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Carbfix Puts CO2 Into Stone to Mitigate Climate Change

Iceland-based startup Carbfix has developed a revolutionary technology that mixes CO2 with water and injects it into basalt rock for storage, thus, mitigating climate change.

Carbfix Puts CO2 Into Stone to Mitigate Climate Change

Icelandic sustainable tech startup Carbfix has successfully developed and implemented a technology that accelerates natural processes of greenhouse gas carbon dioxide solidification.

This representative of the carbon removal sector owns a dome piped to a nearby plant. CO2 mixes with water drawn up from the ground and gets injected into the subsurface basalt rock. CO2 is captured either by being immediately dissolved in water from power plant exhaust or directly from the atmosphere by air capture. In the latter case, its dissolution in water comes right after capture.

As its first experiments showed, Carbfix technology enables carbon dioxide to turn into stone underground in less than two years. This natural and permanent storage solution is currently presented at an Action Summit at the Museum of the Future in Dubai, where COP28, the annual United Nations (UN) climate meeting, is being held this year, highlighting the need for a just energy transition and fossil fuel phase-out.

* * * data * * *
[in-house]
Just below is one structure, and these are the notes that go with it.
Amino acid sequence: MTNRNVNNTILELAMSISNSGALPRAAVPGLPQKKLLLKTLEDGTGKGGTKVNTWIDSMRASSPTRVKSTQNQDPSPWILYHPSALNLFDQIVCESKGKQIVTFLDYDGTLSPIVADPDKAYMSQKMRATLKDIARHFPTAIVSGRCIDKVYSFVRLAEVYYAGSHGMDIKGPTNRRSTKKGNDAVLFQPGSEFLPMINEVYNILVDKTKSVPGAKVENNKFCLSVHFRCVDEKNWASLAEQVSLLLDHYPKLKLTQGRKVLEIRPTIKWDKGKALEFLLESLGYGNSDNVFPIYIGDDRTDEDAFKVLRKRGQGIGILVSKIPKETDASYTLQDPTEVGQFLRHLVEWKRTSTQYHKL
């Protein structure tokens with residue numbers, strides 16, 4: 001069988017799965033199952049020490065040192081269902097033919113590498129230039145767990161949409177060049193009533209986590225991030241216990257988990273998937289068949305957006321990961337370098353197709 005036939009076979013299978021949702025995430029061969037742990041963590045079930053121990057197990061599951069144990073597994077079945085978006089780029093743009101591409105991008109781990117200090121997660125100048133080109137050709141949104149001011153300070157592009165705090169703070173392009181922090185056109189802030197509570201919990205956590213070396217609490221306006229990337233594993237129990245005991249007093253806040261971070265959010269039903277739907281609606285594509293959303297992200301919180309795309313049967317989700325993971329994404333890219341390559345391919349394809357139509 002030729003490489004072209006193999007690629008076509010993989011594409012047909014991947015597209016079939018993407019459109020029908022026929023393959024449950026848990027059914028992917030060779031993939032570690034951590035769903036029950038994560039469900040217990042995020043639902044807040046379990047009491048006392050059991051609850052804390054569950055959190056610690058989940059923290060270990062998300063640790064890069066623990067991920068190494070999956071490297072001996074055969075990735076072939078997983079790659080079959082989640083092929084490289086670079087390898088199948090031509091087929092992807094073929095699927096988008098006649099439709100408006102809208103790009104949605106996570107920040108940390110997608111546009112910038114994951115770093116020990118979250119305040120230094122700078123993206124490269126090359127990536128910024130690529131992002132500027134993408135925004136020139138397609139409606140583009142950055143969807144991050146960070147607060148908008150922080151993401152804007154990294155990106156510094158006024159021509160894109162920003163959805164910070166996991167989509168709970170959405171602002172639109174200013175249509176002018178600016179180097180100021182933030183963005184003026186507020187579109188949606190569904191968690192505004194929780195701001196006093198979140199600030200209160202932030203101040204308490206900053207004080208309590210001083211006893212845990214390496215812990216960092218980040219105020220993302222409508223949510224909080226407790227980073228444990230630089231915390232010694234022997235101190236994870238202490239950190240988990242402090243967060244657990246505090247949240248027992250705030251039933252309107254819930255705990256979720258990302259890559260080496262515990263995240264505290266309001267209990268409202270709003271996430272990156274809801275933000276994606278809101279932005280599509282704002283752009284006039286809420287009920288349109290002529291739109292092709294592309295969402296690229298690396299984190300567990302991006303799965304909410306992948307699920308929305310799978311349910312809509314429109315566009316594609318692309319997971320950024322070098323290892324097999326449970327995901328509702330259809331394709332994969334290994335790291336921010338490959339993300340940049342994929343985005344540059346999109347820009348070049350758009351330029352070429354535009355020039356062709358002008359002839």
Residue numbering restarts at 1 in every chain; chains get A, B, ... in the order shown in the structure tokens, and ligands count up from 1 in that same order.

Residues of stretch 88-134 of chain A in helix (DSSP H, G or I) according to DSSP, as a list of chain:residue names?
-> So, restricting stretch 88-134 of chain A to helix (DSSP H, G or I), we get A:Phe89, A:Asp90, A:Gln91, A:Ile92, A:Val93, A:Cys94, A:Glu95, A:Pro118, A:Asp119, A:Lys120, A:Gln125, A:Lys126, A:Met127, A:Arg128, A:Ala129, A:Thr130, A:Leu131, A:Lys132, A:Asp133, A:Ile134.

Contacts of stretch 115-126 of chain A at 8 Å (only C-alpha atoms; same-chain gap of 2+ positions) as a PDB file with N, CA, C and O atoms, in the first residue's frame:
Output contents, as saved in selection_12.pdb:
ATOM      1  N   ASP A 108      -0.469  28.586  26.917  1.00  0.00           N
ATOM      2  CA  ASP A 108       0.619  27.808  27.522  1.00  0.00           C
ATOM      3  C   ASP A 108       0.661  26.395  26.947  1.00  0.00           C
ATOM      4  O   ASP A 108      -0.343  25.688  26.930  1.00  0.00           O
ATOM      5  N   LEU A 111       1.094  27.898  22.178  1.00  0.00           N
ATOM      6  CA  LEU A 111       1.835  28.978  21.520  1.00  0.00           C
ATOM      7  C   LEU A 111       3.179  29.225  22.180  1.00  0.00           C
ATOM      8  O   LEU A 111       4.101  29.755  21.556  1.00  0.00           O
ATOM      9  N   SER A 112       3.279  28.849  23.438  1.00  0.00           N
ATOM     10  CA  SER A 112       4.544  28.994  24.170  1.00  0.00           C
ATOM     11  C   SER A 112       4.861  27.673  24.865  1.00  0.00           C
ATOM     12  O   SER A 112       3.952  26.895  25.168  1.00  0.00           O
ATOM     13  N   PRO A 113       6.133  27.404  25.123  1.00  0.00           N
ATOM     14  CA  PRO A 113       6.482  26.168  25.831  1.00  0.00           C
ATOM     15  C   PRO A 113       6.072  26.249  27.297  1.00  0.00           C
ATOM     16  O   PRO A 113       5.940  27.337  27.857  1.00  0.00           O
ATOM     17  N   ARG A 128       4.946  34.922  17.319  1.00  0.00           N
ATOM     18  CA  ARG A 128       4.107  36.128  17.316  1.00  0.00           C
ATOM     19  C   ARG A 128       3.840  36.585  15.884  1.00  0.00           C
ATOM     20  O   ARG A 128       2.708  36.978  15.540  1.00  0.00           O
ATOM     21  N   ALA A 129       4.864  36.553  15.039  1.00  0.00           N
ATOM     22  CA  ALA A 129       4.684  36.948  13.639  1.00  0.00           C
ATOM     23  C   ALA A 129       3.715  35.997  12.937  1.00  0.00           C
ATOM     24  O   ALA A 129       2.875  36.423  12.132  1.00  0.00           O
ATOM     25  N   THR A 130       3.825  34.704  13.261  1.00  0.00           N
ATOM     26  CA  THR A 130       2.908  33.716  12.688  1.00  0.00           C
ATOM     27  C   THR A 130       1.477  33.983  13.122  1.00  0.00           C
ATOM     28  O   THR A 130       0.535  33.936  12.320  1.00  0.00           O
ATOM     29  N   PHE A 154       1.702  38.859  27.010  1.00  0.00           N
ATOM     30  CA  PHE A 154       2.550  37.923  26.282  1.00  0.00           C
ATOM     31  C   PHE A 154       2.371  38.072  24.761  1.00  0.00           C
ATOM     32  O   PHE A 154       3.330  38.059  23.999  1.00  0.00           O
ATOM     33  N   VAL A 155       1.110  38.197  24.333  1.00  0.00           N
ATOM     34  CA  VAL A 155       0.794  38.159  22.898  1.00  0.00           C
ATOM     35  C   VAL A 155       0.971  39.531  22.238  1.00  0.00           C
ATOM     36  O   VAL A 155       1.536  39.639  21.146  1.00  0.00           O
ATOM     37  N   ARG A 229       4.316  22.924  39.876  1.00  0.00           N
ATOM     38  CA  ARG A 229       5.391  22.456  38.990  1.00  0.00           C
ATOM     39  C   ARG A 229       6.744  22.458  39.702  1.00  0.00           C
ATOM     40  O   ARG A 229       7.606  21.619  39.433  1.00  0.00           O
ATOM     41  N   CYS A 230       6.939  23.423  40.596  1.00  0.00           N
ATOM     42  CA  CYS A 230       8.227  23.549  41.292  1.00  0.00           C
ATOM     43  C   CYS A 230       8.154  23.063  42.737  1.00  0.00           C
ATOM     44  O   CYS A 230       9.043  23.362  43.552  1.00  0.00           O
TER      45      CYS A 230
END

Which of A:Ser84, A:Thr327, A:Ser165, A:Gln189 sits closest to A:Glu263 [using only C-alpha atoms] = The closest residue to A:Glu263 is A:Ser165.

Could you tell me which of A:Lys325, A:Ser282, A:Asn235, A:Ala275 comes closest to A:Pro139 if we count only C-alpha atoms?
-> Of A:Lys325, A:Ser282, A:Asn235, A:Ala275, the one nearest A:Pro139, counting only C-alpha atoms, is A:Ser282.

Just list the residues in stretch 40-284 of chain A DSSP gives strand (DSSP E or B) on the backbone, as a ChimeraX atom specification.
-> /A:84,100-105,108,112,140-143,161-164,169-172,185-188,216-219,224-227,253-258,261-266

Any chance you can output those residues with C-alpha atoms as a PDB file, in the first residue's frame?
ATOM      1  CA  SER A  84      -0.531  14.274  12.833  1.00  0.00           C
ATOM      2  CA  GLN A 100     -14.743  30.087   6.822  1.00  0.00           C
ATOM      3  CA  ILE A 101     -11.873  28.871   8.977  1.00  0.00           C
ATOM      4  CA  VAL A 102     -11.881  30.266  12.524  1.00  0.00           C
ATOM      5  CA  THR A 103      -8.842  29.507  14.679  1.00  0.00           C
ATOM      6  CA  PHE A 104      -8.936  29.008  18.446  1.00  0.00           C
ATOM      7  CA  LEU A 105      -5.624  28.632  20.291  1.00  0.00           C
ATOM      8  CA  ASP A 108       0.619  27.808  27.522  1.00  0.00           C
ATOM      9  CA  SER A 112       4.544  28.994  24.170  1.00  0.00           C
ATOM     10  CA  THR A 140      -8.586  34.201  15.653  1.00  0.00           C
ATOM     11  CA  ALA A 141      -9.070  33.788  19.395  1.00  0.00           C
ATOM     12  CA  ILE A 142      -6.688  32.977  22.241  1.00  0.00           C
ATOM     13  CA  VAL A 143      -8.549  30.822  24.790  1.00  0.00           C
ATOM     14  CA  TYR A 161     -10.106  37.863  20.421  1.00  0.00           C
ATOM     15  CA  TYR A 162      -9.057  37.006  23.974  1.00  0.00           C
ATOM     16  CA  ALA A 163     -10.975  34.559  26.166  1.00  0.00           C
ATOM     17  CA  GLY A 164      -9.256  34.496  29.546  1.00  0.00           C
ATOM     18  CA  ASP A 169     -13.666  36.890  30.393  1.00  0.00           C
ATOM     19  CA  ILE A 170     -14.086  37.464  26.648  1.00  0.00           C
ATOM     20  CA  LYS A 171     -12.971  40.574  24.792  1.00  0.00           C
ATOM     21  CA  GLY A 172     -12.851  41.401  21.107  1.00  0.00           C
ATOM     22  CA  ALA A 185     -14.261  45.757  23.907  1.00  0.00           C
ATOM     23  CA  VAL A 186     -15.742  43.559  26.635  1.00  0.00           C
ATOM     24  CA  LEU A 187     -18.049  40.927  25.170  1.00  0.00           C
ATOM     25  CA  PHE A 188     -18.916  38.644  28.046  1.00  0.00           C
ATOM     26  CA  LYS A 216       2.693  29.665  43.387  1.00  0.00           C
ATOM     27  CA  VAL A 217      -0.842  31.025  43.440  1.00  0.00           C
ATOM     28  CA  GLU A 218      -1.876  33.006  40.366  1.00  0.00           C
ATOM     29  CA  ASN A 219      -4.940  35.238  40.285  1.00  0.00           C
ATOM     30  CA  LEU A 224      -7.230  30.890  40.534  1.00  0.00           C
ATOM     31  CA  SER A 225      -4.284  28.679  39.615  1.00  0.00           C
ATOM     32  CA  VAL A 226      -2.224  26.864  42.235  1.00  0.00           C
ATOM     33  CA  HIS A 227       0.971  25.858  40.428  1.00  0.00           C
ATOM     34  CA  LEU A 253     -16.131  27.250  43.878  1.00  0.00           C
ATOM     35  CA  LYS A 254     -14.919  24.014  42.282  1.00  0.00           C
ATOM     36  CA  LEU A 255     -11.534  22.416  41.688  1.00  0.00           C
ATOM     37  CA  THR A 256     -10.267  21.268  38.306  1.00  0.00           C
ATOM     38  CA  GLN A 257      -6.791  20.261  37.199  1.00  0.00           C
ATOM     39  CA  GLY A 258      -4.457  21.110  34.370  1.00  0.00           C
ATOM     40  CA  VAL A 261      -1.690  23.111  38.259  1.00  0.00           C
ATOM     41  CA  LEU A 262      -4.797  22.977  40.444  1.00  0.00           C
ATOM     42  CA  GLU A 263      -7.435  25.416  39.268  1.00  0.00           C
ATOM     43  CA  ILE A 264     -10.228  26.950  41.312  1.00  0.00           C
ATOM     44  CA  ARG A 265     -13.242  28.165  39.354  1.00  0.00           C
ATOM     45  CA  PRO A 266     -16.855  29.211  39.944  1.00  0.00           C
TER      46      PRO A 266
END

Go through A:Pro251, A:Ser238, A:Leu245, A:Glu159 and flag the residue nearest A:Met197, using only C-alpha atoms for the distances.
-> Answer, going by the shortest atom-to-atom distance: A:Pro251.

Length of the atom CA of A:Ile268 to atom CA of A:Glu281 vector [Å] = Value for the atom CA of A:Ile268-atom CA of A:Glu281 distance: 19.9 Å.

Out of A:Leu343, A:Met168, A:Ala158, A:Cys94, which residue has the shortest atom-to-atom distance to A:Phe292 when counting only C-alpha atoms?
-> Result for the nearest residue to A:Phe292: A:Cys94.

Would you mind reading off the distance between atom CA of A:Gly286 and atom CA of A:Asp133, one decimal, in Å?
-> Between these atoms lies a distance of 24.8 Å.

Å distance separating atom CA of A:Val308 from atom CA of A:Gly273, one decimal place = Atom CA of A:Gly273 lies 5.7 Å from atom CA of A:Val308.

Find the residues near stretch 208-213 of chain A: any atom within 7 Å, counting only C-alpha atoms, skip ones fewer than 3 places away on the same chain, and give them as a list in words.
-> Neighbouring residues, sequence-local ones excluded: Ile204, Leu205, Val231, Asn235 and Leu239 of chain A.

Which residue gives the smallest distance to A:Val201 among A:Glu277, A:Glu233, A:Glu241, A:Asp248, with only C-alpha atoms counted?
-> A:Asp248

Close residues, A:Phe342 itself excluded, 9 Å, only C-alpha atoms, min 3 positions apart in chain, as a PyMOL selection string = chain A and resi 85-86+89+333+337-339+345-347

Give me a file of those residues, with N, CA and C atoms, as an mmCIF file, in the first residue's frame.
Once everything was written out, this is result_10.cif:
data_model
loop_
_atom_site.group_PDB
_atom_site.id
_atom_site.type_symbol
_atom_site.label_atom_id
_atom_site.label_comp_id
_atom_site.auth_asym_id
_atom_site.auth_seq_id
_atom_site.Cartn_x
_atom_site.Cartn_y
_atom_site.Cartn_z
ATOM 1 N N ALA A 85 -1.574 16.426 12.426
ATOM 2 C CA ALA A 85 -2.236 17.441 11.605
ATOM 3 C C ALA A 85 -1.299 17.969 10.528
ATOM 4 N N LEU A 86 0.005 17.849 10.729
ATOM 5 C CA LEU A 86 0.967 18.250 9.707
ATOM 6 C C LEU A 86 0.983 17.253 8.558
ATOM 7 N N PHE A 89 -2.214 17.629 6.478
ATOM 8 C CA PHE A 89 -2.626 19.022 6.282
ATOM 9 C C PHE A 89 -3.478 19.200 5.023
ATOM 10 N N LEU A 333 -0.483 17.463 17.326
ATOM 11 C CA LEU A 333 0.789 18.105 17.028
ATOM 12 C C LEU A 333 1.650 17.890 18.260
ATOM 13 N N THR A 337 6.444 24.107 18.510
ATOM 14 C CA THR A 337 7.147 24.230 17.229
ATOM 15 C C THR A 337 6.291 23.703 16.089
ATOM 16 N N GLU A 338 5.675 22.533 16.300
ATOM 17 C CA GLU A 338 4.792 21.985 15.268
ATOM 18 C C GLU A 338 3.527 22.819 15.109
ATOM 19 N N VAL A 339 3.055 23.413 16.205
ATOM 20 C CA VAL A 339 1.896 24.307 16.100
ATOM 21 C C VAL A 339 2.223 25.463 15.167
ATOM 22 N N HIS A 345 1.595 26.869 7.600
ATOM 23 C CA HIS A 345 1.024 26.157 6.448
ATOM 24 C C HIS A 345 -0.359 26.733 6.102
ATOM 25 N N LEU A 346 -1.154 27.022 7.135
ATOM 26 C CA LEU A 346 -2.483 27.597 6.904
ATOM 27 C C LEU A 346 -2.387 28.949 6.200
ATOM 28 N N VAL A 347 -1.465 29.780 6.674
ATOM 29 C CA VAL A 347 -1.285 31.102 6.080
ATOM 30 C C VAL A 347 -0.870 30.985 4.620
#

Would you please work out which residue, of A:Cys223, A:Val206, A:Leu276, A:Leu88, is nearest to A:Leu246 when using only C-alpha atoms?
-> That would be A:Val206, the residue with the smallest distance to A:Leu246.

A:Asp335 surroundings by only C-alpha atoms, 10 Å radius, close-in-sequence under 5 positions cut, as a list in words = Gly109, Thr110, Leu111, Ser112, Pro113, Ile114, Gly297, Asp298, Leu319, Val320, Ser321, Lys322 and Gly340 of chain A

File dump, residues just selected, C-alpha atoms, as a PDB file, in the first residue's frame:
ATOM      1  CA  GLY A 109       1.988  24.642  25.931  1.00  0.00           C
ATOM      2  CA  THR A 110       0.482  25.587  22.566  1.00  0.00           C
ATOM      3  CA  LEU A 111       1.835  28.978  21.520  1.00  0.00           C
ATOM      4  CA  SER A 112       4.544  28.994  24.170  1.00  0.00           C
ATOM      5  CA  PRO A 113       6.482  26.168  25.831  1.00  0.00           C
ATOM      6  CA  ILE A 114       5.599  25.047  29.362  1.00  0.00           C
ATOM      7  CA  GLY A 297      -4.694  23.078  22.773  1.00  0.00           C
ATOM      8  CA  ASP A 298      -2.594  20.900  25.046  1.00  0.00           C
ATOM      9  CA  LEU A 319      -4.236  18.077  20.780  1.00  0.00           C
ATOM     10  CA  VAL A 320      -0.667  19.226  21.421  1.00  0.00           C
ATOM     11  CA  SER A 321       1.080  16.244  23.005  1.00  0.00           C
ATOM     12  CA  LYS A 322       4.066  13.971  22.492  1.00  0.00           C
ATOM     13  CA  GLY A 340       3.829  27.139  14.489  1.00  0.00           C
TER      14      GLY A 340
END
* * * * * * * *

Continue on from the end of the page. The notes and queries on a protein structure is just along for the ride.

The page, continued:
Carbfix’s mineralization method has been fine-tuned over the last decade. It is increasingly used for large commercial sustainability-focused projects. For example, Carbfix partnered with Climeworks to build the Mammoth direct air capture and storage (DAC+S) plant with a nominal CO₂ capture capacity of up to 36’000 tons per year when fully operational.

For this project, Carbfix will provide the permanent underground storage of carbon dioxide (CO2). Meanwhile, the Hellisheiði electricity power plant operated by ON Power will supply Climeworks’ Mammoth plant and the Carbfix CO₂ injection sites with renewable energy to run the entire direct air capture and storage process.

Amid ongoing research in Iceland, the startup is also implementing its proprietary carbon dioxide mineralization approach at other sites across Europe.